17 F3d 1444 Farmer v. Merit Systems Protection Board

Joseph N. FARMER, Petitioner,

No. 93-3533.

United States Court of Appeals, Federal Circuit.

Jan. 13, 1994.

17 F.3d 1444
NOTICE: Federal Circuit Local Rule 47.6(b) states that opinions and orders which are designated as not citable as precedent shall not be employed or cited as precedent. This does not preclude assertion of issues of claim preclusion, issue preclusion, judicial estoppel, law of the case or the like based on a decision of the Court rendered in a nonprecedential opinion or order.

Before PLAGER, CLEVENGER and SCHALL, Circuit Judges.


view counter

Joseph N. Farmer petitions for review of the final decision of the Merit Systems Protection Board (MSPB or Board), Docket No. SF0351930443-I-1, dismissing his appeal for lack of jurisdiction. We affirm.


During his employment by the United States Department of the Navy as a Pipefitter in the Production Department, Mare Island Naval Shipyard, Vallejo, California, Farmer was represented by his union, the Federal Employees Metal Trades Council (Union), pursuant to the terms of a collective bargaining agreement. On June 19, 1991, the Navy issued a notice informing Farmer that he would be separated by a Reduction-In-Force (RIF) on August 23, 1991. On August 4, 1991, however, before the RIF's effective date, Farmer accepted reassignment to the position of Maintenance Mechanic, Fuel Department, Naval Supply Center, Oakland, California. This new position bestowed on Farmer the same grade and pay as he enjoyed in his former position. Nevertheless, on September 30, 1991, Farmer filed a grievance with the Navy pursuant to Article 33B of the collective bargaining agreement, alleging that his proposed removal by the RIF was motivated by racial discrimination.


After proceedings in accordance with the collective bargaining agreement, the responsible Navy officials concluded in decisions at steps two and three of the Article 33B grievance proceedings that the RIF had not adversely affected Farmer because of his reassignment, and that the Navy's actions did not evidence any racial discrimination. Since Farmer could not personally institute arbitration proceedings pursuant to the collective bargaining agreement, the Union requested arbitration of the matter. The Union subsequently withdrew its request for arbitration, however, after it concluded that any possible basis for a favorable result in the arbitration was precluded by Farmer's reassignment.


On April 7, 1993, Farmer appealed the Navy's RIF to the MSPB. The Administrative Judge (AJ) assigned to the case determined that Farmer had not been affected by the RIF within the meaning of 5 C.F.R. Sec. 351.901 (1991) such that he could appeal directly to the Board, because he had accepted a reassignment at the same pay and grade; that the Board also lacked jurisdiction to review Farmer's reassignment, even if involuntary, as it was accepted to avoid a RIF, citing Talley v. Department of Army, 50 M.S.P.R. 261, 263 (1991); and that even if affected by the RIF, Farmer's election to seek relief pursuant to the collective bargaining agreement precluded an appeal to the Board. The AJ also concluded that Farmer's allegation of racial discrimination by itself was insufficient to confer jurisdiction over his case on the Board, and that Farmer could not qualify for a hearing on the jurisdictional matter because of his failure to raise a nonfrivolous allegation of jurisdiction. As Farmer filed no petition for review, the AJ's initial decision became final on July 26, 1993. 5 C.F.R. Sec. 1201.113 (1992). Farmer timely petitioned this court for review of the MSPB's decision.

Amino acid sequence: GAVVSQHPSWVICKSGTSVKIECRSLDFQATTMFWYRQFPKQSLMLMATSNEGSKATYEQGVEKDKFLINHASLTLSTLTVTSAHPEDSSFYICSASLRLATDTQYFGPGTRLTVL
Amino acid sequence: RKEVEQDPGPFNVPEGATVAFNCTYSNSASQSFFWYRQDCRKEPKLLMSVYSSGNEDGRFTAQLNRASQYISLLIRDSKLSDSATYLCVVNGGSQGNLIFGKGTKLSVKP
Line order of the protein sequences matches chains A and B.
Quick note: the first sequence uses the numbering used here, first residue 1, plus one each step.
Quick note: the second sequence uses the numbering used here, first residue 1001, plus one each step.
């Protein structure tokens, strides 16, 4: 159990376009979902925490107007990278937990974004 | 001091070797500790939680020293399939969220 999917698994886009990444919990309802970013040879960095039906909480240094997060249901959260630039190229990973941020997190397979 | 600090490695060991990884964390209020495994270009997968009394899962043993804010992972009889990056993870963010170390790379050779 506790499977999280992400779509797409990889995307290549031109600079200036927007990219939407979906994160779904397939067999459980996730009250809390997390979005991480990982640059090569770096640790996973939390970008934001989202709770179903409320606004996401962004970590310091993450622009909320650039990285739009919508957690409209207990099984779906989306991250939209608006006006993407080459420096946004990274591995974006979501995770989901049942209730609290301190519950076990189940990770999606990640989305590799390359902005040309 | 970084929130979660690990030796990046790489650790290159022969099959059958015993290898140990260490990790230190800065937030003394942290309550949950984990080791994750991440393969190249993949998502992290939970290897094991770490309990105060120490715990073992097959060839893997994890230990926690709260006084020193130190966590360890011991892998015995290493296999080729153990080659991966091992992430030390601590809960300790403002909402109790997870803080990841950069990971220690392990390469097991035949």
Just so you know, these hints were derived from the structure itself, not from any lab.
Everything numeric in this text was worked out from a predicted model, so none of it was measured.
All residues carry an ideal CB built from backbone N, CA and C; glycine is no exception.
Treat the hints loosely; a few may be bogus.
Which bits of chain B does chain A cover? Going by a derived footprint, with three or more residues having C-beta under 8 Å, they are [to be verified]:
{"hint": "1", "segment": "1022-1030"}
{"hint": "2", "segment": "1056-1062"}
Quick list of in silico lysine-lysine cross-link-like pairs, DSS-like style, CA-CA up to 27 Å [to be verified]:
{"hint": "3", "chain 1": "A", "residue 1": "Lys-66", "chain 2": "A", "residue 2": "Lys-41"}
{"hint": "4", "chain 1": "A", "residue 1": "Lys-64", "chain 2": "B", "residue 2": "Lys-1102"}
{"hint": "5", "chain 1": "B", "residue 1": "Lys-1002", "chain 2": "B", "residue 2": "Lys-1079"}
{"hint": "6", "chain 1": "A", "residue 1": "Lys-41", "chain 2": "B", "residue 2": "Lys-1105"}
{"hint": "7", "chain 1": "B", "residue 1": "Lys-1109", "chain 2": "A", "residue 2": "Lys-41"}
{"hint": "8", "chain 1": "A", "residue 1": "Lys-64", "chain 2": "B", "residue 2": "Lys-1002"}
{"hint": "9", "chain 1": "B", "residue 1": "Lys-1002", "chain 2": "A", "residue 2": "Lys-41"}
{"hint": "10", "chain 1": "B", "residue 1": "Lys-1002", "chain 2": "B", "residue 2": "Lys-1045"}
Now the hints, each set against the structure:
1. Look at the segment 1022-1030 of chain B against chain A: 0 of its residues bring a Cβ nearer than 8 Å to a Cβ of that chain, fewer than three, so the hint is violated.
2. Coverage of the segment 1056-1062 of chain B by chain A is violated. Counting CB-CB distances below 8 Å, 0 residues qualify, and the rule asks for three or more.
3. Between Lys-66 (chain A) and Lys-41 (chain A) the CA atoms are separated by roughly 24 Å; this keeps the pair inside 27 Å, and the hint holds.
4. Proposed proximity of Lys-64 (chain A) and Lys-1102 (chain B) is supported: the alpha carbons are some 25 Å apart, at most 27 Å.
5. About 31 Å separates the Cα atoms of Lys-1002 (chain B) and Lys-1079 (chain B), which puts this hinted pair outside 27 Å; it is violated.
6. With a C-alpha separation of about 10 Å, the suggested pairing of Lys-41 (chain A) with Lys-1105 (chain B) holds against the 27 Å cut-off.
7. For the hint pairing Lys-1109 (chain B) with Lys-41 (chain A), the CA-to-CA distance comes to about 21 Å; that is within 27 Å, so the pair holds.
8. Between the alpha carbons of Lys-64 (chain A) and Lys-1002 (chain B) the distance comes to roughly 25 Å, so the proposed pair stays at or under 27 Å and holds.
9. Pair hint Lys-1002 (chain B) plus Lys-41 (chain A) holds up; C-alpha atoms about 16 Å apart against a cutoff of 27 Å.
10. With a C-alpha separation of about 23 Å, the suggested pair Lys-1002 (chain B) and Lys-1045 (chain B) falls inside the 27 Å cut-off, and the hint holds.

Under 5 U.S.C. Sec. 7121(d), (e)(1) (1988); a non-Postal Service employee covered by a negotiated grievance procedure has a right to appeal a personnel action by filing a grievance or by appealing the action to the MSPB, but not both. Grasty v. Department of Navy, 41 M.S.P.R. 234, 236-37 (1989); Colligan v. Department of Army, 36 M.S.P.R. 547, 549 (1988). Indeed, Article 33B of the collective bargaining agreement in this case stated exactly this principle. Once such an employee has filed a grievance without appealing the agency's action directly to the Board, the employee is deemed to have exercised his option under section 7121 and retains no statutory right to de novo review of the action by the MSPB. Grasty, 41 M.S.P.R. at 236-37. Further, once the grievance route is chosen, an employee retains a right solely to seek MSPB review of the final grievance decision, but only if his case involves an allegation of a prohibited personnel practice under 5 U.S.C. Sec. 2302(b)(1) (1988). Rolon v. Department of Veterans Affairs, 53 M.S.P.R. 362, 365 (1992); Colligan, 36 M.S.P.R. at 549. An allegation of racial discrimination is sufficient to satisfy this requirement. 5 U.S.C. Sec. 2302(b)(1)(A).


In the present case, due to the Union's withdrawal of its request for arbitration, it is undisputed that Farmer lacked an arbitrator's final decision on which to base an appeal to the MSPB. Since a final decision is required for the MSPB to review the Navy's action, Colligan, 36 M.S.P.R. at 549-50; Bradbie v. Equal Employment Opportunity Comm'n, 13 M.S.P.R. 419, 420 (1982), aff'd, 705 F.2d 1331 (Fed.Cir.1983), the MSPB lacked jurisdiction over Farmer's appeal.1